Doctor Langmuir was one of the first to point out that Venus was close to its peak brilliance the day an unfortunate National Guard pilot killed himself chasing a saucer in Kentucky. When shown a picture that someone took of a heel-shaped “saucer” flying over Phoenix, Arizona, he acidly inquired if anyone had taken the trouble to determine whether there was a violent squall over Phoenix that day. “To me,” he said, “the picture has all the scientific aspects o£ a piece of tar paper, or a torn blanket, or a collapsed balloon, tossing in a high wind.
“One of the characteristics of a thing that isn't so,” Doctor Langmuir continued, “is the impossibility of bringing it out into the open. If a man tells me that two and two equal five or that he has seen a flying saucer — I don't feel I have to prove he is wrong. I feel the burden is on him to prove that he is right.”
I asked Doctor Langmuir what he would advise the Air Force to do about flying saucers. He snapped his answer, “Forget it!” The Air Force, I suspect, would like to forget it. But then something new comes along like the strange adventure of two Eastern Air Lines pilots with what seemed to be a flameshooting, double-decker space ship, and Wright Field has to send out another team of investigators.
Of all the so-called saucer stories, the most difficult to rationalize is the account of what Eastern Air Lines pilots Clarence Shipe Chiles and John B. Whitted said they saw twenty miles west of Montgomery, Alabama, on the morning of July 24, 1948. At 2:45 A.M., the two men were flying a DC-3 airliner into Atlanta, Georgia. Chiles, a thirty-one-year-old Tennessean, wartime lieutenant colonel and former commanding officer of the Air Transport Command's Ascension Island base, was captain of the ship. He has had 8500 hours in the air and has flown more than 1,000,000 miles. Whitted, a thirty-year-old North Carolinian, a wartime pilot of B-29 Superfortresses, was his copilot.
Chiles and Whitted told me their story during an interview I had with them in Atlanta. “We were flying at five thousand feet on VFR - visual flight rules,” said Chiles. “That meant we were even more alert than normally for stray aircraft, for we were on our own rather than at a specified altitude assigned by the CAA.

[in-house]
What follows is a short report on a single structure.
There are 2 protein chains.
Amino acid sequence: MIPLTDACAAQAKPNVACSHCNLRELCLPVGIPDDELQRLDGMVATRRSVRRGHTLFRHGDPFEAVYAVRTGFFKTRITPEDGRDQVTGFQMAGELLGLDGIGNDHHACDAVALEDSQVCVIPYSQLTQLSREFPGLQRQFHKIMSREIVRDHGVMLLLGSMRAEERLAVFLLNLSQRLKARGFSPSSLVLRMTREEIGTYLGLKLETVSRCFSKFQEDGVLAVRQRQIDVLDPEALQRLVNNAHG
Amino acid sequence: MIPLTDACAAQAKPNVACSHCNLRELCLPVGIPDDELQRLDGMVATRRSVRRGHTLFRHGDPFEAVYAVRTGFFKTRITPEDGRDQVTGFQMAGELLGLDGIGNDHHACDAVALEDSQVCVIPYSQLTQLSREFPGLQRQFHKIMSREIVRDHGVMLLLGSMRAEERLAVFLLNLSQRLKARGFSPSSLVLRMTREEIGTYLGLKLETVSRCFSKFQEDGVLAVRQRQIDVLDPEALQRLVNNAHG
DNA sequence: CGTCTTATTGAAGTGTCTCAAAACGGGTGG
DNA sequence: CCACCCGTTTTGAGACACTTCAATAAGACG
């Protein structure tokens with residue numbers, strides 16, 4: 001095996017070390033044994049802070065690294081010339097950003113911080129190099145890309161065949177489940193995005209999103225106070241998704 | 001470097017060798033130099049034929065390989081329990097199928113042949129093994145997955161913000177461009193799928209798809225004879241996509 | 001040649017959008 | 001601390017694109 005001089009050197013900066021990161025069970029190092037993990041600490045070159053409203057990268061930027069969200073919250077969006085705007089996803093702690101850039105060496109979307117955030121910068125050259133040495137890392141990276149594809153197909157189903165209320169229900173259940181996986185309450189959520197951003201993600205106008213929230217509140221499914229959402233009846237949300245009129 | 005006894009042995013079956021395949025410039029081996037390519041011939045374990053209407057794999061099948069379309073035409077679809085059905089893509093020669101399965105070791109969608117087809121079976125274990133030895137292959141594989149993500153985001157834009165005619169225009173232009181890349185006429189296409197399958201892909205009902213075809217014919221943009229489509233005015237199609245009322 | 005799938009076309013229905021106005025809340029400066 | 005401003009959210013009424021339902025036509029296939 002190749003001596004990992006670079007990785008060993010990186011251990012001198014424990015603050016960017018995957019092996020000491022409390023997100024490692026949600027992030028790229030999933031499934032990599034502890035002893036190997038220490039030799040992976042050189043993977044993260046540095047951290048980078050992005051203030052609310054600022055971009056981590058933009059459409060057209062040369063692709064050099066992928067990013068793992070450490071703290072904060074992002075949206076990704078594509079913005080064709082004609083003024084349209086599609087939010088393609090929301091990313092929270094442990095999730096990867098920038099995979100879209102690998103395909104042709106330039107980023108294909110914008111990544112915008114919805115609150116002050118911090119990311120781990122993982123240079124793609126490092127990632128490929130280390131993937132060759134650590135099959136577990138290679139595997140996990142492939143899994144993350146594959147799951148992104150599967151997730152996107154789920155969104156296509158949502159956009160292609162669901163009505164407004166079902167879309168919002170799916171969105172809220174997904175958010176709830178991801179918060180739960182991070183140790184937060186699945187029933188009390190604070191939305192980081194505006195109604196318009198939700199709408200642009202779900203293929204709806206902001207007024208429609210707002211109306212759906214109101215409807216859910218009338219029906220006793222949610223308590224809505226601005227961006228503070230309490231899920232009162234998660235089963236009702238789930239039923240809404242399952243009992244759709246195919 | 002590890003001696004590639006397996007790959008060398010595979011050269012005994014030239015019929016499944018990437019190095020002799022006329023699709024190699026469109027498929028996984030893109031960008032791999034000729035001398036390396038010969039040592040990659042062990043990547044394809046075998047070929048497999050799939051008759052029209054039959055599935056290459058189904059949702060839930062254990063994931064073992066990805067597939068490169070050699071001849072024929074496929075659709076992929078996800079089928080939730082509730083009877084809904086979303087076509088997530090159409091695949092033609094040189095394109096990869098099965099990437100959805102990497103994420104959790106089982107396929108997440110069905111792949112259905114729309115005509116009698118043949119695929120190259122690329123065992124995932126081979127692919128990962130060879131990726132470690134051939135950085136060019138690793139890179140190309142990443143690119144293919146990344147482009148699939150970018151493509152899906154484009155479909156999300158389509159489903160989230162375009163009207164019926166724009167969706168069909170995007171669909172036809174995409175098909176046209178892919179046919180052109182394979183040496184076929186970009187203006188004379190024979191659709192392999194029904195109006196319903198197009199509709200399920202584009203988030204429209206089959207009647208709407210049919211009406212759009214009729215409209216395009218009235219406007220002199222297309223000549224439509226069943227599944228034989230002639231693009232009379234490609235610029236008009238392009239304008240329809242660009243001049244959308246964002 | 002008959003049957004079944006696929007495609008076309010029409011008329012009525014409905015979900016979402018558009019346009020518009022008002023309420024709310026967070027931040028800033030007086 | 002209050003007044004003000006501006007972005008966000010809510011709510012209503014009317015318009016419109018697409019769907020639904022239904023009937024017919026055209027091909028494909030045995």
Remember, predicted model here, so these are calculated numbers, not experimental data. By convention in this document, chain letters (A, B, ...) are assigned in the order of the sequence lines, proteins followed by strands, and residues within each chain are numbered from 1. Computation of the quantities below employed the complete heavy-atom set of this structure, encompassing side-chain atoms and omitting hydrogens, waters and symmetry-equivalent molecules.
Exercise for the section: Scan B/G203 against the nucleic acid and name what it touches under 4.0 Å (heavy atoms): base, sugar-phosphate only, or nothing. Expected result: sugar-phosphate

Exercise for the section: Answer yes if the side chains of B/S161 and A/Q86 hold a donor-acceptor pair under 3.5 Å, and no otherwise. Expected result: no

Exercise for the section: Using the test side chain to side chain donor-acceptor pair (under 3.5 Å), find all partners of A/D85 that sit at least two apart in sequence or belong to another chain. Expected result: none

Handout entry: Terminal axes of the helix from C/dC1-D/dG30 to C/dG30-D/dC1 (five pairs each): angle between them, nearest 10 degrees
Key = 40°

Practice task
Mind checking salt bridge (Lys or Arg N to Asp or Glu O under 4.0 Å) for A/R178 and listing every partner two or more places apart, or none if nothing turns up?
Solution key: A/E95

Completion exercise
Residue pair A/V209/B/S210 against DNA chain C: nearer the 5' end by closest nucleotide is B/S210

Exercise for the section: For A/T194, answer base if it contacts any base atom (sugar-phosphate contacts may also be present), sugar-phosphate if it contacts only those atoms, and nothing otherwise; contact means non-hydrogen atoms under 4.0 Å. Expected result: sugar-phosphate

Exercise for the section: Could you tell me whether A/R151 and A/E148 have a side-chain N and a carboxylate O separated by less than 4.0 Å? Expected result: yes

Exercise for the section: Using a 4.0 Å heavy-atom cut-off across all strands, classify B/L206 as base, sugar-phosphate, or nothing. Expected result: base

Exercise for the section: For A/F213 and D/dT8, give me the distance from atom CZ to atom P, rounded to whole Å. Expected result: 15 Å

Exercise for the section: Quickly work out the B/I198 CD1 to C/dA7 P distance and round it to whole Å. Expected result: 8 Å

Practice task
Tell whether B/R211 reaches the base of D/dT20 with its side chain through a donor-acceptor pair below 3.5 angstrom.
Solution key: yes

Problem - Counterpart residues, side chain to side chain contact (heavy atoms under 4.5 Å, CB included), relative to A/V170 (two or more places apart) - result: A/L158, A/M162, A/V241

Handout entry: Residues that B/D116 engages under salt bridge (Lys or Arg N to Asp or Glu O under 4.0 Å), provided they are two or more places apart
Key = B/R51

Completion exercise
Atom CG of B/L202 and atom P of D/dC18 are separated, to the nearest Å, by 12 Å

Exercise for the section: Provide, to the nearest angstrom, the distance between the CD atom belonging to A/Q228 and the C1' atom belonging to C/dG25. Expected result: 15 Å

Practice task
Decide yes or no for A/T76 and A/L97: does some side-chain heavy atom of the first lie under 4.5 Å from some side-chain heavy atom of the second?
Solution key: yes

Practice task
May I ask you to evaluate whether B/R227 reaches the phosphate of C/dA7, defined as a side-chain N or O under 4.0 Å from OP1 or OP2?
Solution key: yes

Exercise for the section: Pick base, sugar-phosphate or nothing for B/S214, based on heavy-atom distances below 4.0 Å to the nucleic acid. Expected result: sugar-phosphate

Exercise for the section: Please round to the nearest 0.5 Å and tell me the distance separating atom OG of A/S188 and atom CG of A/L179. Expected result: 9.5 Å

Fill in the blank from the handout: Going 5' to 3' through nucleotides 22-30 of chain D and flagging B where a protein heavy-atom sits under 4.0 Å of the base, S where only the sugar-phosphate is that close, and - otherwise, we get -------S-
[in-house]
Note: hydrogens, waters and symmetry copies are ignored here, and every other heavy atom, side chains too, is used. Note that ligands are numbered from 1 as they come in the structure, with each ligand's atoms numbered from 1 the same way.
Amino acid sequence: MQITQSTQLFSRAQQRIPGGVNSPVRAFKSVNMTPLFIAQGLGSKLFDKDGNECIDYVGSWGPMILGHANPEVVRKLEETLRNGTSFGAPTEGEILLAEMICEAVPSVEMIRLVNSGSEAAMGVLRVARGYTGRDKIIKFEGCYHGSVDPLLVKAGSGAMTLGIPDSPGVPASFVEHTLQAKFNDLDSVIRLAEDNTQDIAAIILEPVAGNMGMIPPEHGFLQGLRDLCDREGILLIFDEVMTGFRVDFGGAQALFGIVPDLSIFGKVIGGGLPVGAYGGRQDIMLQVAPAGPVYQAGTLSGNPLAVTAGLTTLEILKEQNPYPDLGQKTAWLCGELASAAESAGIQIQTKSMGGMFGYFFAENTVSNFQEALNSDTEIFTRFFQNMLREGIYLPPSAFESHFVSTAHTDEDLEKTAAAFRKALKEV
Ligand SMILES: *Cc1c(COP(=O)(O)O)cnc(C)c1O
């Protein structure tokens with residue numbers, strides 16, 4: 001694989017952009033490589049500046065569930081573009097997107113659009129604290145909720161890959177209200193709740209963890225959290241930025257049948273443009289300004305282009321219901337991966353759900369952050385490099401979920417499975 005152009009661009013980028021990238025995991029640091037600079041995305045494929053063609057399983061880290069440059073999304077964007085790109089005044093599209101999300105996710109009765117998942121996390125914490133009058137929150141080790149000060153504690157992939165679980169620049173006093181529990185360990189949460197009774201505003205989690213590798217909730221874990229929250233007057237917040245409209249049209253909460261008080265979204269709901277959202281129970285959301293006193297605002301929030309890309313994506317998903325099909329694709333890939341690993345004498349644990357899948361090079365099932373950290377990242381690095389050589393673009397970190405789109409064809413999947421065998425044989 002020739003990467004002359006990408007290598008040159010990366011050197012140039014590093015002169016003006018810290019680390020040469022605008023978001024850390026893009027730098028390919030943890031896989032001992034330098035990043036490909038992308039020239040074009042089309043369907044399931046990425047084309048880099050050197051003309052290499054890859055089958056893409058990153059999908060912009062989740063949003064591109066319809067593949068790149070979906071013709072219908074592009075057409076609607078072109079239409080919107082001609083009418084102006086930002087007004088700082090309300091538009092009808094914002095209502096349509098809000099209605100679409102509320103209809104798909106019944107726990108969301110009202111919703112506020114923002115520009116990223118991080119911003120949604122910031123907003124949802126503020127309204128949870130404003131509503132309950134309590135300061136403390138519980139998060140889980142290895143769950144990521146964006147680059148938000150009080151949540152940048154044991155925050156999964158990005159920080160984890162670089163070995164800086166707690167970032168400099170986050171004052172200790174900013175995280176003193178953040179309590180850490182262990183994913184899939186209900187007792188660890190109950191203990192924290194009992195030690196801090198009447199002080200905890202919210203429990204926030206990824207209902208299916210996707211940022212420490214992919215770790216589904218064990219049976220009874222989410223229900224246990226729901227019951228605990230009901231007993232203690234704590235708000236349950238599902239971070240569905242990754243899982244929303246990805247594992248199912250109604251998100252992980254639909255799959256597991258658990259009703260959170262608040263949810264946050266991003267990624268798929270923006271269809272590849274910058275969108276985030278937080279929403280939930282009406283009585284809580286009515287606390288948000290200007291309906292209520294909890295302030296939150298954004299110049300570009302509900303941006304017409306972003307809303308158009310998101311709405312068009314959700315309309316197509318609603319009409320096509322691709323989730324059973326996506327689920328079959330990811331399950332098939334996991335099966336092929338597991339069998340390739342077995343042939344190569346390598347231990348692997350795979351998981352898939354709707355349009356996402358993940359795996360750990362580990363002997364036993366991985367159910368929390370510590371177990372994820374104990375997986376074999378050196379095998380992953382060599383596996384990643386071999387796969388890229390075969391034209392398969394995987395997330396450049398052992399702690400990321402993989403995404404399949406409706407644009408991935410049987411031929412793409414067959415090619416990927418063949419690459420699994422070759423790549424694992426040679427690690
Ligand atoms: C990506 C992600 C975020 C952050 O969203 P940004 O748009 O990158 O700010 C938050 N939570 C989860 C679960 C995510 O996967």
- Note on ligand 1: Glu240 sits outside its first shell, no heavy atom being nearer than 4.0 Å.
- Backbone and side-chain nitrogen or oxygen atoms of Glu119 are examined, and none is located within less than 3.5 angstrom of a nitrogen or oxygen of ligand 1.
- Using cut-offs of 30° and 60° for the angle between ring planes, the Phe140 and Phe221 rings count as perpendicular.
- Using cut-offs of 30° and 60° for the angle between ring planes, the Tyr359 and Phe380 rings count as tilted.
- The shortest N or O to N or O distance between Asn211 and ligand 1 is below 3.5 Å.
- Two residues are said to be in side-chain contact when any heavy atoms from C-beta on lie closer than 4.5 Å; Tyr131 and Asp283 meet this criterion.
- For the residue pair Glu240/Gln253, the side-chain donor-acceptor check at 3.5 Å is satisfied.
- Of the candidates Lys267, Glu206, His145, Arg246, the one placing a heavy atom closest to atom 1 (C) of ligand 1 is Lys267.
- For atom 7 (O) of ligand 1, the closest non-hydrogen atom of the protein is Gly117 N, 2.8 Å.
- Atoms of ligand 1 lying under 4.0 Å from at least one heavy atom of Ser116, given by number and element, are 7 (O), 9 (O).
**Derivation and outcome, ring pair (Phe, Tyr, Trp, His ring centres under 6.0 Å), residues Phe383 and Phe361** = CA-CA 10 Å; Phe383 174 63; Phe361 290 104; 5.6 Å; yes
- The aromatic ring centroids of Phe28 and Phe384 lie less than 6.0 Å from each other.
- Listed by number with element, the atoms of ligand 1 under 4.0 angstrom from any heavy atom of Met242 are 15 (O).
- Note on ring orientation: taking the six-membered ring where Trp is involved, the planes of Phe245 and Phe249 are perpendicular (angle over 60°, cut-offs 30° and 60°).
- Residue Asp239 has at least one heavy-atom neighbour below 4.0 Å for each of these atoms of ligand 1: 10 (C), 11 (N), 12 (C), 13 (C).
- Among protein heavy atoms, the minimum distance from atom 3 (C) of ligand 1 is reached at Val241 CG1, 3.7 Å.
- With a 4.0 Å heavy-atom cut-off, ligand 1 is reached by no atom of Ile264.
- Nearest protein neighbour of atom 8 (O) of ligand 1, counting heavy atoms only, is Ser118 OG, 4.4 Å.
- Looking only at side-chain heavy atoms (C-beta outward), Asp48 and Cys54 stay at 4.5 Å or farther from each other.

“I saw the thing first. 'Here comes a new jet job!' I yelled to John. He saw it too. Then we knew it was like no jet job we'd ever heard about. We had five to ten seconds to look at it. The moon was full and the object came quite close — not more than a mile away, I thought, and John here thought it was even closer. It was traveling on a southwesterly course — exactly opposite to our direction. Its velocity, allowing for our own air speed, could have been anywhere from five hundred to seven hundred miles per hour — I'm sure it was faster than any jet I've ever seen flown.”
Despite the flashing speed with which the airliner and the reported object would have passed each other, both pilots noted a wealth of details. They agreed the object was at least 100 feet long. Chiles thought the fuselage was somewhat more streamlined than that of a B-29. Whitted, on whose side of the cockpit the object passed, thought it was nearly twice the diameter of a Superfortress. But the hair-raising thing to them, they said, was that the thing looked like a plane, flew like a plane, but had no wings.
“We couldn't have been mistaken about it — the illumination from both the moon and the thing itself were too good for that,” Chiles continued earnestly. “There were two rows of windows, or 'breathers,' along the fuselage. A highly intense white light — it was much too bright to be used for interior illumination, so it may have been from a power plant — came through these windows. And a fluctuating blue flame danced along the belly of the thing. From an exhaust in the tail of the object came a trail of red-orange flames that shot out for some fifty feet.”
Chiles and Whitted agree on the above details. Chiles also paid particular attention to the nose of the thing, and observed that it had a radarlike protrusion from its snout that “looked like a swordfish,” and that there were four to six metallic-looking objects in front that resembled streamlined windshields, or louvers.